Vince Capano is a two time winner of the Quill and Tankard national writing award for humor from the North American Guild of Beer Writers.
Vince's column is now a regular feature of beernexus.com
The Seven Percent Solution
Who doesn’t like a beer festival? What more can any beer lover ask for in life but to roam amidst keg after keg with glass in hand knowing it will be filled whenever it’s held out? So it’s no wonder then that each of the 48 people on the bus heading toward the TAP festival in Hunter Mountain, NY had a smile on their face. Make that 47 of the 48. Seated next to me was my good friend Brian Lynch, a true beer connoisseur with a perplexing problem –what beers to sample of the over 125 that awaited us and just how to do it.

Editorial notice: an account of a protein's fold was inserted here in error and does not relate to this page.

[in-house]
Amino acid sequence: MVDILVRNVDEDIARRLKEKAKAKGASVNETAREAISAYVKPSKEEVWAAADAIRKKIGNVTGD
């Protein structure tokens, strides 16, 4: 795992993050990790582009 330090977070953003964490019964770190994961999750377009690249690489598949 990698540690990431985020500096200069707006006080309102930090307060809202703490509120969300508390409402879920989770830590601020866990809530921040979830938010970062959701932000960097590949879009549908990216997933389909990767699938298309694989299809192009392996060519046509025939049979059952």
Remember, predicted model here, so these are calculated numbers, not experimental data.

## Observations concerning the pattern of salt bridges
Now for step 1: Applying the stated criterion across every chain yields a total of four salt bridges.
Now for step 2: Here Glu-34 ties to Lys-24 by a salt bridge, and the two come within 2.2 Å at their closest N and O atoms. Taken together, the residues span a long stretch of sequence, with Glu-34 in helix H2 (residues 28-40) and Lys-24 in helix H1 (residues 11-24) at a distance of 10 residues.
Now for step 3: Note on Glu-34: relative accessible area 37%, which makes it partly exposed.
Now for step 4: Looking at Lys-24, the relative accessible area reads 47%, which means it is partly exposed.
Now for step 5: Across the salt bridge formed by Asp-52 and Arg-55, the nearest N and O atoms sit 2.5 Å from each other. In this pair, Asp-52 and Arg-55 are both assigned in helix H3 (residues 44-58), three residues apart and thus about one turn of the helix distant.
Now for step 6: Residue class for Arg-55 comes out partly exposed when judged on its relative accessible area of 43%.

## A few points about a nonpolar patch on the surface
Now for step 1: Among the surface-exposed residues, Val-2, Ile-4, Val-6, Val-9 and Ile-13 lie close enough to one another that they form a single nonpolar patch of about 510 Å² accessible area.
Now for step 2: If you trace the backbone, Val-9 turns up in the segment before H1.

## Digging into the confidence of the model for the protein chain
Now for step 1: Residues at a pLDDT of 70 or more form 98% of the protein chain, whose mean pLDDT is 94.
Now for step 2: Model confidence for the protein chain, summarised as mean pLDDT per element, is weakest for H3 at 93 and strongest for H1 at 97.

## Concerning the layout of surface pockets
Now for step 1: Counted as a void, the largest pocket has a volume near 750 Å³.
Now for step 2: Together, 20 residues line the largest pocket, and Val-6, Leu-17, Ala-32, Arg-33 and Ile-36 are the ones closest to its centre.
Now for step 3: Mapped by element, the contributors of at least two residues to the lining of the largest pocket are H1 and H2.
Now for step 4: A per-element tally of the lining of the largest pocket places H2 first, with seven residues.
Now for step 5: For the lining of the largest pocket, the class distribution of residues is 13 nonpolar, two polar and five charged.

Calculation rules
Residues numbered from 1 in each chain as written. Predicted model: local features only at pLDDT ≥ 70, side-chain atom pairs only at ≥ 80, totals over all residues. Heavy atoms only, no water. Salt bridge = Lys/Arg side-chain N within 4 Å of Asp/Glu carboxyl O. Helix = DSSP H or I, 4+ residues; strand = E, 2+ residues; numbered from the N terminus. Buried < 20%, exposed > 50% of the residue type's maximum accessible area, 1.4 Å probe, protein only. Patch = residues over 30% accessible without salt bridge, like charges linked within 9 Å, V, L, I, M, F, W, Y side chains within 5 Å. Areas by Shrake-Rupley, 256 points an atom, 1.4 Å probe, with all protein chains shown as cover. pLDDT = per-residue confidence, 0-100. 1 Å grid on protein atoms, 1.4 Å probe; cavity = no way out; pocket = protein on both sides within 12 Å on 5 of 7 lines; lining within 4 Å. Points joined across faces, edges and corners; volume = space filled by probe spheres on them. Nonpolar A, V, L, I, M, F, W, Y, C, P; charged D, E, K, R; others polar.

Clearly no one would be able to taste all 125 in the noon to 4 PM session so a plan was needed. But what plan? The more I thought about Brian’s dilemma the more my smile shrank too. After all, there are countless books and articles on how best to see Disney World or tour Manhattan or visit the Smithsonian. There is nary a one on how to handle a beer festival in a semi-responsible, efficient manner. We settled into thinking mode, which in this case meant getting another pint from the three sixtels of beer conveniently placed in the front, middle, and rear of our bus. Well, what did you expect on a trip that was sponsored by my beer club and The Gaslight Brewery?